“I want to be clear that Dr. Fergus has done a lot of work on looking at disproportionality, obviously, and disproportionality ratios. And we are working with (Norwalk ACTS),” Katzman said.

 

 

It may sound expensive but it will ‘save dollars’

“There is no SpEd family that wants to hire an advocate or a lawyer,” BoE Ad-Hoc Special Education Chairwoman Erica DePalma said. “We have medical bills, we have adaptive everything. We have specialized extracurriculars that come at a cost, even our babysitters cost more because they need specialized training. It is not something that we want to add to our plate. So I hope that we get to that desired state, because I think there’s a lot of families out there that struggle with incremental costs.”

BoE member Barbara Meyer-Mitchell asked for a root-cause analysis of the staffing shortages. Katzman said:

  • “We heard from a lot of people, ‘we need more staff, we need more staff, they’re overwhelmed’…. And maybe you do…(But) we want you to look at what the staff has to do. Because one of the things that we heard, for one of the other reasons for high turnover, was they felt like there was just too much on their plate. And in fact, there are some things on their plate that maybe could be attended to in other ways.”
  • “Because of the historic distrust between the district and the community, you are asking related service providers to input the same, almost the same data in two different places. That’s a lot of work.”
  • “There was some duplicative work. And again, if you’re not collaborating, then there’s their siloed work, which means everybody does more…Get rid of some of the paperwork.”

 

“One of the gaps that we currently have in our infrastructure is that we have just one person who’s mainly focused around data accountability from the state, but not necessarily a wishes and analytics team that is taking the special education, multilingual learners, general education, gifted and talented, all of these different data points, and having a comprehensive tool that is compiling all of this information,” Norwalk Superintendent of Schools Alexandra Estrella said.

While there’s “an investment factor that … we have to keep in mind,” NPS is talking with one of its philanthropic supporters about its current data systems and the effects they have on students, Estrella said.

While an investment “may sound expensive, when instruction is data-driven, it will improve our student outcomes, and it will ultimately save taxpayers dollars,” DePalma said.

“I think a lot of the work we need to do moving forward is shifting the mindset of Special Education being a service not a place, having a clear emphasis that special education is not a permanent location, it is something that should build the capacity of the child, so they can be reintegrated into the general education setting,” Estrella said. “…I’m looking forward to the integration of the Special Education department into curriculum and instruction. Because we really have to emphasize the importance of exposing our students that have IEPs to standard-based instruction, so that they can develop the skills and strategies necessary to fully integrate into the general education program, once they develop and build the capacity. So again, just thank you to the team for an amazing job so far, and for setting the platform for the work that needs to happen moving forward.”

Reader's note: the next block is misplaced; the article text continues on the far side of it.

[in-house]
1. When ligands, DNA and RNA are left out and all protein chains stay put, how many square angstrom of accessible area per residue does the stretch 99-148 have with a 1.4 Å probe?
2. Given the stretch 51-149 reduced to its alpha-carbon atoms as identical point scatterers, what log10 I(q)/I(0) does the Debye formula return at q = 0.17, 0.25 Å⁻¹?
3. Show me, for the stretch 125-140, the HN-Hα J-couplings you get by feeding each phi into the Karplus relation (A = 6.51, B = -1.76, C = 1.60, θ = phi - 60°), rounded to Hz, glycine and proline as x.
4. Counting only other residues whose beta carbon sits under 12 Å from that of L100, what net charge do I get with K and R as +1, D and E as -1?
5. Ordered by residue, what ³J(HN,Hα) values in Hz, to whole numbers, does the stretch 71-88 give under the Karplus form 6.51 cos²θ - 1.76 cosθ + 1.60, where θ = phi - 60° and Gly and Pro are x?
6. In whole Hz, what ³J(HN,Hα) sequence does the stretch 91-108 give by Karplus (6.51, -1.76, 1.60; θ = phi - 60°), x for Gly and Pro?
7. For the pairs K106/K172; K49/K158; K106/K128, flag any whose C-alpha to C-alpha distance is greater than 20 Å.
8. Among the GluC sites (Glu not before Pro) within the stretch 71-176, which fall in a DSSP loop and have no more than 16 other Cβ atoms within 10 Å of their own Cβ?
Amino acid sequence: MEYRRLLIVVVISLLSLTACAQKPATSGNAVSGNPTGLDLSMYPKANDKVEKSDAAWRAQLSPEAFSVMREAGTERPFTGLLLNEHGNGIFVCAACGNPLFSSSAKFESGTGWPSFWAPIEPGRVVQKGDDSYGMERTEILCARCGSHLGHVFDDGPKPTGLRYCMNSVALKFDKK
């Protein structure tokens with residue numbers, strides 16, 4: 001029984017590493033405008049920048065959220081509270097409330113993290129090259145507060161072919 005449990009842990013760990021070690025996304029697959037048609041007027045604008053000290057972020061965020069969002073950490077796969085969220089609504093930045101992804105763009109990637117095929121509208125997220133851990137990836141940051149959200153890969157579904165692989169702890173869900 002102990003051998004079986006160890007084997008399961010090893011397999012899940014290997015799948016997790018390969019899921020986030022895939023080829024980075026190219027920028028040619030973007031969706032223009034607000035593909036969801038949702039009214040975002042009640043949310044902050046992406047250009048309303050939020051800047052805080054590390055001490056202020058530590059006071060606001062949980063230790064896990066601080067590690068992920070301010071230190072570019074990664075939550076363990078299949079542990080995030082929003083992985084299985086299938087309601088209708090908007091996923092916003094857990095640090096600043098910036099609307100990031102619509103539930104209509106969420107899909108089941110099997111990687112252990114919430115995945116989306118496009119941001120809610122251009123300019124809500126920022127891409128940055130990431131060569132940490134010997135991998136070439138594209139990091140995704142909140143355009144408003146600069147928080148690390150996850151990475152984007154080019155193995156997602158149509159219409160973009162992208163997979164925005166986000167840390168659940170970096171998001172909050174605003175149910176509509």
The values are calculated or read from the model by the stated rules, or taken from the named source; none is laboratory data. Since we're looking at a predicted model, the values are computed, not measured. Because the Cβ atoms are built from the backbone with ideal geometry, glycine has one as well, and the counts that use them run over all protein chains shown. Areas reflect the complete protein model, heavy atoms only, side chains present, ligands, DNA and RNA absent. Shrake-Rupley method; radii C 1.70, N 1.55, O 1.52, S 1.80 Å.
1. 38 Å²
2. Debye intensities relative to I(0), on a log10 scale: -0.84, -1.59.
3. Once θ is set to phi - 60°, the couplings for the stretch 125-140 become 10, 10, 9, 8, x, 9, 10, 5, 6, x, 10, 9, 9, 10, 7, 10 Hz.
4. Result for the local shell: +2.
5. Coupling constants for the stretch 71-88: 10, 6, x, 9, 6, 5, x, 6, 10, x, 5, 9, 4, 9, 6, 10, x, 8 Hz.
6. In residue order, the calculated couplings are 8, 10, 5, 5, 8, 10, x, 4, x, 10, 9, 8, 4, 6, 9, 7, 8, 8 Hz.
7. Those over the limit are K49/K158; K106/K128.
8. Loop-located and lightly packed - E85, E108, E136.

21-0202 Spec Ed Review.Presentation.Norwalk Public Schools

Lauren Katzman, Ed. D. speaks to the Norwalk Board of Education during Tuesday’s Zoom meeting.

2 comments

John ONeill February 8, 2021 at 11:37 am

A little confused by one statement: “Families who are White with the means to hire Advocates and Lawyers “? — What the heck does that mean? Do only white people have the “means” to hire advocates? What about white people who don’t have the means? What about Black families that do have the means? It’s time to get off the racial component of every venue of life. And since when are Asians a forgotten component of minority discussions? Why does every consultant have a preconceived narrative that to bend the results to..

JustATaxpayer February 8, 2021 at 2:59 pm

@John
Welcome to the world of identity politics. I wish the voices of conservative black men and women would be heard. Now go back to your white privilege corner and if and when you fall into an aggrieved group, let us know. Of course, I’ll suggest that you should start clamoring for reparations from the British. They haven’t been kind to many of Irish descent and you and your family’s lineage should receive $$$’s for that. You should also get a credit for slavery since your relatives were likely not here